Daniel Pink, bestselling author of Drive, A Whole New Mind, and To Sell Is Human has said, “Human beings have an inherent tendency to seek out novelty and challenges, to extend and exercise their capacities, to explore, and to learn.”
After 35 years of experience including hands-on career counseling, executive mentoring, and high-level training in the IT and IT Infrastructure Library spaces, I’ve seen various leadership initiatives repeatedly lead to unsatisfactory results. Working with numerous leadership experts and training specialists, our team at Omnikron Systems has developed the Learning Lifecycle for leaders, which in turn follows a natural progression of leadership training methodologies that we call the Leadership Elevation Framework.
The five-part Leadership Learning Lifecycle supports leaders and their desire to learn. It enables them to analyze their own strengths, areas of improvement and knowledge gaps, while doing the same for those they lead. Let’s take a closer look at each phase.
The lifecycle starts with the Yearn phase. At this stage, leaders yearn to accomplish more, solve problems, and fill knowledge gaps. In other words, leaders are not comfortable sitting back and accepting the status quo. During this phase, it’s also up to leaders to strike the “yearn” spark in their people. Interestingly enough, my real-world observations have shown that a large majority of people in today’s business population do not even make it to this stage.
After identifying the problems, gaps, or challenges they need to address, leaders are ready to learn—and this part of the lifecycle is always exciting and stimulating. During the Learn phase, leaders gain skills and knowledge, as well as badges, certification, and pride in their (and their teams’) accomplishments. Problem solving, decision making, negotiation, and change management skills and expertise are just some of the areas leaders master during this stage.
“Turn” refers to that point at which a challenge or leadership issue reaches its natural turning point. This is when things start to get a little tougher. A critical component of the Turn phase is the leader’s role as champion. The newly developed skills, tools, and strategies mastered during the Learn phase will enable leaders to reach back and pull their teams smoothly through the turn.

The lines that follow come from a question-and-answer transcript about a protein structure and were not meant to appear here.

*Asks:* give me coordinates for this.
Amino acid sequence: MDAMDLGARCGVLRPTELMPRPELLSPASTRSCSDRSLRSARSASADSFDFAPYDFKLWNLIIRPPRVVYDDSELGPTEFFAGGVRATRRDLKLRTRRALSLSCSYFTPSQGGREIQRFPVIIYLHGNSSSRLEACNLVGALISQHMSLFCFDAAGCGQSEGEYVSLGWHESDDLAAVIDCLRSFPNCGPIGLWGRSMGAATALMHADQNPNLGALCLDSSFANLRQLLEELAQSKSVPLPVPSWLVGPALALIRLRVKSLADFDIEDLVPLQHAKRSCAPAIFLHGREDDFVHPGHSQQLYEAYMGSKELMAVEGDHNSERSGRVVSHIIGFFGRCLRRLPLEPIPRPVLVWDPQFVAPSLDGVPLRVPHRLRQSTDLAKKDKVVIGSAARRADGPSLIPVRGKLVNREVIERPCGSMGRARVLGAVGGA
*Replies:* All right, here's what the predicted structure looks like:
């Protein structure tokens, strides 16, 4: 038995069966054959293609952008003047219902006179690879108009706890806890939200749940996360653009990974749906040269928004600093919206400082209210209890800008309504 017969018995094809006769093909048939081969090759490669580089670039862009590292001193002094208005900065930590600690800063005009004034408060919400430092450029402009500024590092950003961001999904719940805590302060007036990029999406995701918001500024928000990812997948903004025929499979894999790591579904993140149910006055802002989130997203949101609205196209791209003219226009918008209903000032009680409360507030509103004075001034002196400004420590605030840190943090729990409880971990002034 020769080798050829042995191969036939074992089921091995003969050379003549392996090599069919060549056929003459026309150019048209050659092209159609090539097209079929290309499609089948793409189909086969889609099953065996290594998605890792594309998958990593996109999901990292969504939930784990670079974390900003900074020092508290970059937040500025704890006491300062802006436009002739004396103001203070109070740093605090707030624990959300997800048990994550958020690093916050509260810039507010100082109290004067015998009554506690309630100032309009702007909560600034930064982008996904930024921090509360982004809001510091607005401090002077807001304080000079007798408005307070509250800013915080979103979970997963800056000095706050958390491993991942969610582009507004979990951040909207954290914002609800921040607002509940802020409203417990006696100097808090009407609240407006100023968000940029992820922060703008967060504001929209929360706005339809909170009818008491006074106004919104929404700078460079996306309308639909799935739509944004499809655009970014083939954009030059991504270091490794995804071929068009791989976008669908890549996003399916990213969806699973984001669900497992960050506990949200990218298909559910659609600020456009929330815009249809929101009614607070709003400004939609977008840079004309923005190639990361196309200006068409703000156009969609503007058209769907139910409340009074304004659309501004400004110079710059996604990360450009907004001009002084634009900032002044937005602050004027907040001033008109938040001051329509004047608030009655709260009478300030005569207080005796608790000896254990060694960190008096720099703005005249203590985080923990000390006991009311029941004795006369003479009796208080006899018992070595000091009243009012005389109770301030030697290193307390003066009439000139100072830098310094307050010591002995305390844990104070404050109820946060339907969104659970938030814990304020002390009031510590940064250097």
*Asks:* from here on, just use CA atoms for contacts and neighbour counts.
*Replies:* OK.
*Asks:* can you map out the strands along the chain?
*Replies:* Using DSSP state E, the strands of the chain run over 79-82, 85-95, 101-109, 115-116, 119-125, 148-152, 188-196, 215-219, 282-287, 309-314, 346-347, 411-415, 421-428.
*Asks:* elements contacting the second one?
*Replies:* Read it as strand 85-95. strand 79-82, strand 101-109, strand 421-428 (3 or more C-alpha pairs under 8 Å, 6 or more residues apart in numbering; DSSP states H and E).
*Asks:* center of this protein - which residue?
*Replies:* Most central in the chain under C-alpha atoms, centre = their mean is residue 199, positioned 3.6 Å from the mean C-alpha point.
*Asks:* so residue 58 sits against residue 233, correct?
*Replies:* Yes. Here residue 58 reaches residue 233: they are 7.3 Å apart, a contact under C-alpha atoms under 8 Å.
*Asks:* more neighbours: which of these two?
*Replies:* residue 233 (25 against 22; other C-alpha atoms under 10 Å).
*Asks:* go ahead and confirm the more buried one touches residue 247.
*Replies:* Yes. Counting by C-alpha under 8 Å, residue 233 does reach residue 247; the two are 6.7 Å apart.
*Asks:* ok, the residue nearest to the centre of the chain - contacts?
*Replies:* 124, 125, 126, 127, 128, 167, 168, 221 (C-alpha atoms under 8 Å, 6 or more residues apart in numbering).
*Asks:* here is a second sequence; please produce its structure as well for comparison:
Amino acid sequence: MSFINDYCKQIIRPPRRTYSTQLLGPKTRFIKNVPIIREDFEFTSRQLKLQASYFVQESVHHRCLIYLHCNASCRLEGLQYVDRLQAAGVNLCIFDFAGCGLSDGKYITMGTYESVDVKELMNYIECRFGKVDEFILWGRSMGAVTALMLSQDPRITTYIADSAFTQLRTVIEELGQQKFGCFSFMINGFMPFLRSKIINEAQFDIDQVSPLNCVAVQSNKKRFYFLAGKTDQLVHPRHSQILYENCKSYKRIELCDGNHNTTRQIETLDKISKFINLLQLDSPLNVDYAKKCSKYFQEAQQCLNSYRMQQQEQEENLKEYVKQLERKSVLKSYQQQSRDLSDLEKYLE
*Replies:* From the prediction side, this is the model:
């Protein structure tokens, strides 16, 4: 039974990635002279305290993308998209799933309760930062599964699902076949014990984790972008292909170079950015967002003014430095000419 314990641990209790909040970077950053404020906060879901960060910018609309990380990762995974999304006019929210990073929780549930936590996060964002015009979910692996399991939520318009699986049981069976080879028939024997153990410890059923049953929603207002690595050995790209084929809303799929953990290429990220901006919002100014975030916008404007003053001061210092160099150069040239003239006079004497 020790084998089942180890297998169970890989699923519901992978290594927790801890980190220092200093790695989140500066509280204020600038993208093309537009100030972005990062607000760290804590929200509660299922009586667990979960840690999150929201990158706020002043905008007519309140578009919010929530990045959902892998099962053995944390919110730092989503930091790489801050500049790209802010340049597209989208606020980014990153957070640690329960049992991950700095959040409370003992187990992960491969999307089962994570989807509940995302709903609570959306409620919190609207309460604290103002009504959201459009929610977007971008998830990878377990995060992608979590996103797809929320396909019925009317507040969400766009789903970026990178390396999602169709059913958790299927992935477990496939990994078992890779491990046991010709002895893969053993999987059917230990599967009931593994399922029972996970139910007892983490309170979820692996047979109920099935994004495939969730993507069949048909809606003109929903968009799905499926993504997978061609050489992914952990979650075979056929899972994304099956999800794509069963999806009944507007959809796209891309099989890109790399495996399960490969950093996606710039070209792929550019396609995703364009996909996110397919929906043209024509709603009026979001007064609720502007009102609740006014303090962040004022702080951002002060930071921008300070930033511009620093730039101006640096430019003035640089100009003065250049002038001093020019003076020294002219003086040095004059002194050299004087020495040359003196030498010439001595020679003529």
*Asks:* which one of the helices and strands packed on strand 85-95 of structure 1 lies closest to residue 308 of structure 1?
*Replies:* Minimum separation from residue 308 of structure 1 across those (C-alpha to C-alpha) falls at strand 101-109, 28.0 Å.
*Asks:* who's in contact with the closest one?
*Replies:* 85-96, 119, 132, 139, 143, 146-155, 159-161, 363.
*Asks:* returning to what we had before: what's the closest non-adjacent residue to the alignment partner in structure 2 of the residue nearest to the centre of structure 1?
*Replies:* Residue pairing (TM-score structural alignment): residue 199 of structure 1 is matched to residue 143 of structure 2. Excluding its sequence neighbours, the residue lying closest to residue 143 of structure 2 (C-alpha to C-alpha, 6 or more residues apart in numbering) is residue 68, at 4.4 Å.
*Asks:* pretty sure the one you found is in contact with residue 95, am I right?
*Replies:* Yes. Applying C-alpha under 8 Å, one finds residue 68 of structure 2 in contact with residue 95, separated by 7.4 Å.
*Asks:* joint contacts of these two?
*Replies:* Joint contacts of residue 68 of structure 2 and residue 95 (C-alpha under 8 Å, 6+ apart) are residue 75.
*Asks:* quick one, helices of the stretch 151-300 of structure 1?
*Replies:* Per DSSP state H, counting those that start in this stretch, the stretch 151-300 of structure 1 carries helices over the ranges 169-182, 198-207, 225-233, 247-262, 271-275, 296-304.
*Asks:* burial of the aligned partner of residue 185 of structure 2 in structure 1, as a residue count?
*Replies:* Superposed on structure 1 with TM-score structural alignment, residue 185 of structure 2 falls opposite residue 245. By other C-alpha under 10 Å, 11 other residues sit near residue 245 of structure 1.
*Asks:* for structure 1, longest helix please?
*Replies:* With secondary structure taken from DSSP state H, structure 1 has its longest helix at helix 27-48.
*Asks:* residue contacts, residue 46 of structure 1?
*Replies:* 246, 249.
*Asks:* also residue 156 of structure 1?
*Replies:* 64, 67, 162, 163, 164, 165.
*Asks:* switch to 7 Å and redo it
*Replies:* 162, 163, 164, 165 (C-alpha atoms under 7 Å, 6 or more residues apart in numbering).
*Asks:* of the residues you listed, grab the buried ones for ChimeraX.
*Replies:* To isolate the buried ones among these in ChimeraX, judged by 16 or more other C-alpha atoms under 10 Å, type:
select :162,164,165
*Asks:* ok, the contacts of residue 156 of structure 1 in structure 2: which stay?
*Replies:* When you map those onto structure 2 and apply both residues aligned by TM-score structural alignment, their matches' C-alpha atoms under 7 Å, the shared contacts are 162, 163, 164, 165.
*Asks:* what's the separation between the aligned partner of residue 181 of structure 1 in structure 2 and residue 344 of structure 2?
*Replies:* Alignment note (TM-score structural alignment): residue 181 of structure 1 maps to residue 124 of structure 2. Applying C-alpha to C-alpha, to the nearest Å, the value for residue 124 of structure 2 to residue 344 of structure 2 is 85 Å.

When leaders and their teams successfully make the turn and hang tough to solve problems, overcome challenges, or accomplish difficult goals, the payoff is what they “earn.” At first, the Earn phase refers to monetary gains, but leaders and their teams who reach this level of accomplishment also earn credibility, confidence, and competence. This stage is a representation of the energy, effort, and time they have dedicated to learning. But if not managed, it can also create an elitist, as well as stagnant and stale, mindset. Recognizing and overcoming this potential problem brings true leaders to the beginning of the Burn phase.
Organizations tend to lose another percentage of their leaders during the Burn phase of the lifecycle. That’s because people tend to become complacent, settled, and comfortable after they achieve their goals and the high energy and intensity of the previous cycles has dissipated. Leaders in the midst of the Burn phase must recognize that even though it’s more comfortable to stay in a perpetual Earn phase, they must actively burn off the status quo (such as a degree, position, promotion, or fame) and prepare for a new stage of yearning.
Indeed, the Burn phase is an important part of the lifecycle, as it pushes people to let go of old victories and accomplishments in preparation for new challenges and learning opportunities. People do not progress naturally from Earn to Yearn, there always needs to be a Burn phase.
The cycle can start again as leaders yearn to find solutions, learn new skills, and follow the rest of the pathway to mastery and team building. What’s more, it’s important that leaders recognize which cycle they are in at any given time, so that they can calibrate their workforces and employ different motivational measures.